“Maybe it’s because I’m scared of death. I can’t even watch a funeral on TV because I have, like, a panic attack.”
That’s Zara Larsson, 18 years old, globally successful singer, trying to explain the source of her drive. The idea that her desire to create “the biggest and longest and tallest” of pop experiences might come down to a fear of mortality is a surprise, because she seems so without fear – hear the words of her ubiquitous hit, ‘Lush Life’: “I live my day as if it was the last / Live my day as if there was no past / Doin’ it all night, all summer / Doin’ it the way I wanna”. In person, too, she seems like the sort who takes her fears, skins them with her exquisitely sharp, raspberry-pink nails, and crafts a glorious future of them. But Larsson’s worries about the void are less about fragility and more about an impatience to cram in as much as possible before someone bangs that gong. “We’re here for a little, little bit of time, and I just wanna make the most out of it,” she says.
She’s certainly made a lot of her time so far. She was brought up just outside Stockholm, her father a military man and her mother a nurse. Obsessed with Beyoncé since the age of six, she knew early on she wanted to be a singer (“I’ve always just wanted people to look at me,” she says, with bracingly frank self-awareness) and at the age of 10 convinced her parents to let her appear on Talang, Sweden’s version of the …Got Talent franchise. She won with a thundering rendition of Céline Dion’s ‘My Heart Will Go On’. It’s worth looking up on YouTube, to witness her self-possession in the face of wind machines, and the shocking force of the sound blasting from such a tiny body.
She’s still not the biggest physical presence, eight years later, but that impression of force and strength is still there. She’d felt ready for pop stardom aged 10, but labels weren’t so sure and an impatient, frustrated Larsson was forced to return to school and wait until she was 15 to sign to TEN Music Group, the Swedish label among those credited with making Scandinavian pop such a prominent force in recent years, from Icona Pop to Niki & The Dove to Erik Hassle. (The label’s also home to Hanna & Andrea, Hanna being Zara’s younger sister who, despite being “the quiet one” of the family, surprised everyone by following her sibling down the pop route.) TEN licences Larsson’s work out to Sony, through the Epic imprint in the US, and through Black Butter Records, now a Sony subsidiary, in the UK. The latter label is something of a kindred spirit to Larsson’s “mother company” TEN, having earned a reputation for addictive, sophisticated dance-pop strongly flavoured by the soulful uplift of ’90s vocal house: the likes of Gorgon City, Rudimental, MNEK.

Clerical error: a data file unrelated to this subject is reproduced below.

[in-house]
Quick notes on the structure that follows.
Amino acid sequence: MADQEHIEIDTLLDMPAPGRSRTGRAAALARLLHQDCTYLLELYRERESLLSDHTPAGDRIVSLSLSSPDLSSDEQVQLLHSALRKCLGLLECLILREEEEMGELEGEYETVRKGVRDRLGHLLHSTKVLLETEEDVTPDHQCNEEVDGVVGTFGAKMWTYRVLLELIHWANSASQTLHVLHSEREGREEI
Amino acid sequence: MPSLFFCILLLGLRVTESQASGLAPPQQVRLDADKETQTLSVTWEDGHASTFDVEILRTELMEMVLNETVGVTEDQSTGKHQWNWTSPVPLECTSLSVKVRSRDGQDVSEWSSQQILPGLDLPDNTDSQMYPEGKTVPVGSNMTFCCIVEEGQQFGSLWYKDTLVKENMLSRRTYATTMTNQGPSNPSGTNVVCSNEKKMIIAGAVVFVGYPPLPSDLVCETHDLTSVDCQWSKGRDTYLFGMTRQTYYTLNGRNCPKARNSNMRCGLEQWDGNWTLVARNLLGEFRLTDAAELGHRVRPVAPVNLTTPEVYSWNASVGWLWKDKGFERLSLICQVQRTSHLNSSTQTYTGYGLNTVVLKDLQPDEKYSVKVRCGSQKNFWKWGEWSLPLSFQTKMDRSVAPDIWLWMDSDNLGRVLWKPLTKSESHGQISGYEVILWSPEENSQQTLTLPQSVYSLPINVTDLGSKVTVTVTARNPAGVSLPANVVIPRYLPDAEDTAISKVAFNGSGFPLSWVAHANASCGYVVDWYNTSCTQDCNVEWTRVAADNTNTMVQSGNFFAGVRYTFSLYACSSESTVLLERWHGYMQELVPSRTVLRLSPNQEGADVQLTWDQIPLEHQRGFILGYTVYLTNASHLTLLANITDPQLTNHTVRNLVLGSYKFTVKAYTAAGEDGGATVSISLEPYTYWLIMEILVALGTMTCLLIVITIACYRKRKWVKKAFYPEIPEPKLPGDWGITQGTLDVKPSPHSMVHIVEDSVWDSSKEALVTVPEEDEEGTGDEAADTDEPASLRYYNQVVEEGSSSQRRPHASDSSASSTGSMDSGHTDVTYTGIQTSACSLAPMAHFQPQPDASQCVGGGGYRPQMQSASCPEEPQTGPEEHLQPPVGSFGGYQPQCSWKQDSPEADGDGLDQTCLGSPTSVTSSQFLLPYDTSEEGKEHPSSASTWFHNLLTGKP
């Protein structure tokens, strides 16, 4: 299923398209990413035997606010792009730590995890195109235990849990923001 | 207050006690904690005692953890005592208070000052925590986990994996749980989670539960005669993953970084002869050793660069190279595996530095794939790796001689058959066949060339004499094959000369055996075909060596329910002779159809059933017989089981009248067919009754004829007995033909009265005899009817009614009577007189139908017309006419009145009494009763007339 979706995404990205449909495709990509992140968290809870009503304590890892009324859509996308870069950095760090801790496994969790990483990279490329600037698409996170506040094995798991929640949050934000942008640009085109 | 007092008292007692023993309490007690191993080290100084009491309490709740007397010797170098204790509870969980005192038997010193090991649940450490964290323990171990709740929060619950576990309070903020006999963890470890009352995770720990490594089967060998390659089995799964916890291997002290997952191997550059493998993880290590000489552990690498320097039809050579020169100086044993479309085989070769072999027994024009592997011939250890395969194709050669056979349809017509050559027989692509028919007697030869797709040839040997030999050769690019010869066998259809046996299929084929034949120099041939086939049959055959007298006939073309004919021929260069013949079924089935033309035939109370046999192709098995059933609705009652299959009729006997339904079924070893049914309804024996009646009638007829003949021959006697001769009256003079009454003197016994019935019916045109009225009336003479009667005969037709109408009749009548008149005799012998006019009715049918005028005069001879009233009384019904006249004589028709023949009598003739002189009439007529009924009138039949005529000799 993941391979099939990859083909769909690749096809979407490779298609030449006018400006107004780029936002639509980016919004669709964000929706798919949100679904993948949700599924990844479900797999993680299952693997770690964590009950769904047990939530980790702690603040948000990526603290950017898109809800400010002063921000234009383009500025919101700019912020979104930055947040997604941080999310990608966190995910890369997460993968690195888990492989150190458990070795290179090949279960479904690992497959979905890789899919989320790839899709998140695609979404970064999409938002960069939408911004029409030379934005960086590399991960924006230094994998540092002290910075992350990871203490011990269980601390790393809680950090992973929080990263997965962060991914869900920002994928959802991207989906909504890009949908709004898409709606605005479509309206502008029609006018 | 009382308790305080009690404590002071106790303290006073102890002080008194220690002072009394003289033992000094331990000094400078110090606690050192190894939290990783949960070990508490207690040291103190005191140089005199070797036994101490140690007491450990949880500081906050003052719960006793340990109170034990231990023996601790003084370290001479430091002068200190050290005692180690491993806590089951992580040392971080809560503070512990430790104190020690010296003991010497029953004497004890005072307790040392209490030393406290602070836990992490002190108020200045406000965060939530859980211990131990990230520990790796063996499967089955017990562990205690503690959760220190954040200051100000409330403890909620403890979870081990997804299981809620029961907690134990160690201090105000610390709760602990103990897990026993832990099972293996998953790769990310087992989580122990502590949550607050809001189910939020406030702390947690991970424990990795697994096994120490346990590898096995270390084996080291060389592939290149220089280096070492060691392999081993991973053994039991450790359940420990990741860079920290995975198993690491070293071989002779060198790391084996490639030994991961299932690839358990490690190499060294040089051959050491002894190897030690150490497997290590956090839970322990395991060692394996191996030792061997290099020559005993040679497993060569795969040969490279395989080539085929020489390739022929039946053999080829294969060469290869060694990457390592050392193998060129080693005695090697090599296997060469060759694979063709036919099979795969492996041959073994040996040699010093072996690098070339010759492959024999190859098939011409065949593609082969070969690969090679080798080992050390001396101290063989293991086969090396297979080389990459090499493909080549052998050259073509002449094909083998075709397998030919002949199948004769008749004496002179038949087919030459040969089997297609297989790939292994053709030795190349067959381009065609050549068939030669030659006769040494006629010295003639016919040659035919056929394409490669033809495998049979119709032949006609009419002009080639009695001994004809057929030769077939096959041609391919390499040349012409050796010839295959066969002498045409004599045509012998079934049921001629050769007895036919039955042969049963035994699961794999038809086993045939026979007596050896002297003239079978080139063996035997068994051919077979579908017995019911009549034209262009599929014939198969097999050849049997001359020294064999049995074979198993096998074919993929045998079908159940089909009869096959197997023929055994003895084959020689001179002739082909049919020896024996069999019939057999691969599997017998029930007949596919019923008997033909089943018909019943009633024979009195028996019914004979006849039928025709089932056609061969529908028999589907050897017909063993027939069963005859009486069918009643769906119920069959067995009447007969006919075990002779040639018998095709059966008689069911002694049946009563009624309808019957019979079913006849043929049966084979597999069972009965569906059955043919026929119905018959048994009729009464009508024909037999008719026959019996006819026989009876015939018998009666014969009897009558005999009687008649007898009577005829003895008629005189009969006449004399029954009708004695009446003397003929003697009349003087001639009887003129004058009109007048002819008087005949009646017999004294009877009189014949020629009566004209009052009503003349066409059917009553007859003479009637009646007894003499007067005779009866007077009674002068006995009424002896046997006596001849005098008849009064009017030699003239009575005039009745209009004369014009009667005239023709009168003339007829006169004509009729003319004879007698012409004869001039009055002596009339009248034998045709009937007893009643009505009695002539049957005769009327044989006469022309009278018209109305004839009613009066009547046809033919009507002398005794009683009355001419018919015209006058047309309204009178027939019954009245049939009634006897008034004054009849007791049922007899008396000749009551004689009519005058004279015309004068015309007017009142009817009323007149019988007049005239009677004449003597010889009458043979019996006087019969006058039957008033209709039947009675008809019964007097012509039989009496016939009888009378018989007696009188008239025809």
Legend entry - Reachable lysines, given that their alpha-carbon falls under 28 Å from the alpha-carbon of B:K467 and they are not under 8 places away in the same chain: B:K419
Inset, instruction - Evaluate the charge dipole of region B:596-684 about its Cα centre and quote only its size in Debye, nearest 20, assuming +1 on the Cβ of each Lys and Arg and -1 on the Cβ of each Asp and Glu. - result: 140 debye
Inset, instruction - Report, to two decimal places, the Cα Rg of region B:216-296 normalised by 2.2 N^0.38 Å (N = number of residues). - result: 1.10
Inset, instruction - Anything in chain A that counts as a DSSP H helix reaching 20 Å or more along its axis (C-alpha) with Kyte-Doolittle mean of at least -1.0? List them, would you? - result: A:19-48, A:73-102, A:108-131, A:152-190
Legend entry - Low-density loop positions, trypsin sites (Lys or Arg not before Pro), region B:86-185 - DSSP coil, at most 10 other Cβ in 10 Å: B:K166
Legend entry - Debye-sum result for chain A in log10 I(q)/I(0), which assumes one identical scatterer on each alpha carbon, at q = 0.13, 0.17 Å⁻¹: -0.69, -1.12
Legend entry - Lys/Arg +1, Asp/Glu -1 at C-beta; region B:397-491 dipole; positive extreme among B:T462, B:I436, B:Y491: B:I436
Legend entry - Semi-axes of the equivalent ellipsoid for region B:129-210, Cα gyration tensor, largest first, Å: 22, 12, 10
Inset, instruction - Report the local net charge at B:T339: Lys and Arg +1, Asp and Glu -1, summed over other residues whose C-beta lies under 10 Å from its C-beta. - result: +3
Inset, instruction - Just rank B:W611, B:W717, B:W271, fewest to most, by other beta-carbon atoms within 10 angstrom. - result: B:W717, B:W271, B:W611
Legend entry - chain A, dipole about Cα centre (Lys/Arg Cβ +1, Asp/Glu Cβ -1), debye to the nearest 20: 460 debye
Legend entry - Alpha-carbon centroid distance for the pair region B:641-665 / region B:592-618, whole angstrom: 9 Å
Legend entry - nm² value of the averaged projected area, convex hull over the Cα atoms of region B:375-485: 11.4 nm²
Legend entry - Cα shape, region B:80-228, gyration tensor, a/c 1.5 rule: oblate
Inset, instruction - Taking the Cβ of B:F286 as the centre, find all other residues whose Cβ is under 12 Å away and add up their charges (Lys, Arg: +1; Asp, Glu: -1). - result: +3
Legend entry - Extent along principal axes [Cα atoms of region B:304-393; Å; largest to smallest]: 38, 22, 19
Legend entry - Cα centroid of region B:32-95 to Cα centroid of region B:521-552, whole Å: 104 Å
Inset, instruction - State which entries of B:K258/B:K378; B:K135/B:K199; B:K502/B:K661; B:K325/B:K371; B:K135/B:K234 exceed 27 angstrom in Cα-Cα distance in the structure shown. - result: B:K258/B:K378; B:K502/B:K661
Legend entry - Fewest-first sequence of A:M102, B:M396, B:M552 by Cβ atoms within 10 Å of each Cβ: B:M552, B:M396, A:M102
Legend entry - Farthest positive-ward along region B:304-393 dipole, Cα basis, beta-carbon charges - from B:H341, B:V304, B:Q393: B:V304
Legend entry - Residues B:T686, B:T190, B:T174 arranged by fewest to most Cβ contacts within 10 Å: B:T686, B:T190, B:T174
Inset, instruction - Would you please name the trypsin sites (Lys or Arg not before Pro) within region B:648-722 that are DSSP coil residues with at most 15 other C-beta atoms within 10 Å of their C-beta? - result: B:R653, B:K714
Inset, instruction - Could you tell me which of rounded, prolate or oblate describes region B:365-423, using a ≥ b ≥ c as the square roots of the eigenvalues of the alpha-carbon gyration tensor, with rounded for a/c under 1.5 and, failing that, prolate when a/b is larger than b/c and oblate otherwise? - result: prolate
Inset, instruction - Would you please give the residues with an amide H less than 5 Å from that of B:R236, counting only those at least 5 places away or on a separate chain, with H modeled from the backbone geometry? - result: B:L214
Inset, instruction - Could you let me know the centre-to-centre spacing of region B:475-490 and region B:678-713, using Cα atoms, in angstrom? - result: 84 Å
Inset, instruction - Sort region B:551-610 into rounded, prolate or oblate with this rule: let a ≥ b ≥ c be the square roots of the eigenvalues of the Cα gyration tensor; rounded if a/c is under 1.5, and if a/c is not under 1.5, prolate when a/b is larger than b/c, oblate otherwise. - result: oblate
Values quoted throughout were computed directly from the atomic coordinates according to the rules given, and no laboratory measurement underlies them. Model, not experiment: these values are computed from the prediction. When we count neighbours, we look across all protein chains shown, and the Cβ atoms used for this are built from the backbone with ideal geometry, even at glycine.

Larsson likes having these two smaller teams between her and the corporate clout of Sony, and through them she’s been gradually introducing herself to different parts of the world for years now. She released two EPs in 2013, ‘Introducing’ and ‘Let Me Reintroduce Myself’, followed by another introduction in the form her 2014 album ‘1’, which spawned the Scandinavian megahit ‘Uncover’ (six times platinum in Sweden, triple platinum in Denmark) plus five other gold and platinum singles. ‘Uncover’ was then re-released worldwide in 2015, followed by ‘Lush Life’. (She was such an idol in her home country by this point that Swedish pop band Regimen wrote a song named after her, with an adorable video in which a young boy carries a life-size cardboard cutout of her everywhere he goes; in Australia, Björk recently played ‘Lush Life’ in her DJ set at the launch of her virtual reality exhibition, while in the UK it popped up on EastEnders, with characters singing along to it.) Then came her first proper co-writing session, with UK artist MNEK, who’d gone from writing and producing the likes of Duke Dumont and A*M*E’s underground dance-pop smash ‘Need U (100%)’ to working with Madonna, Kylie and Beyoncé. Their collaboration yielded ‘Never Forget You’, a song so good they couldn’t decide who’d get to record it, eventually plumping for a duet. It went Top 10 in eight countries, became a first US hit for both artists, and added some more platinum and gold to Larsson’s scorecard.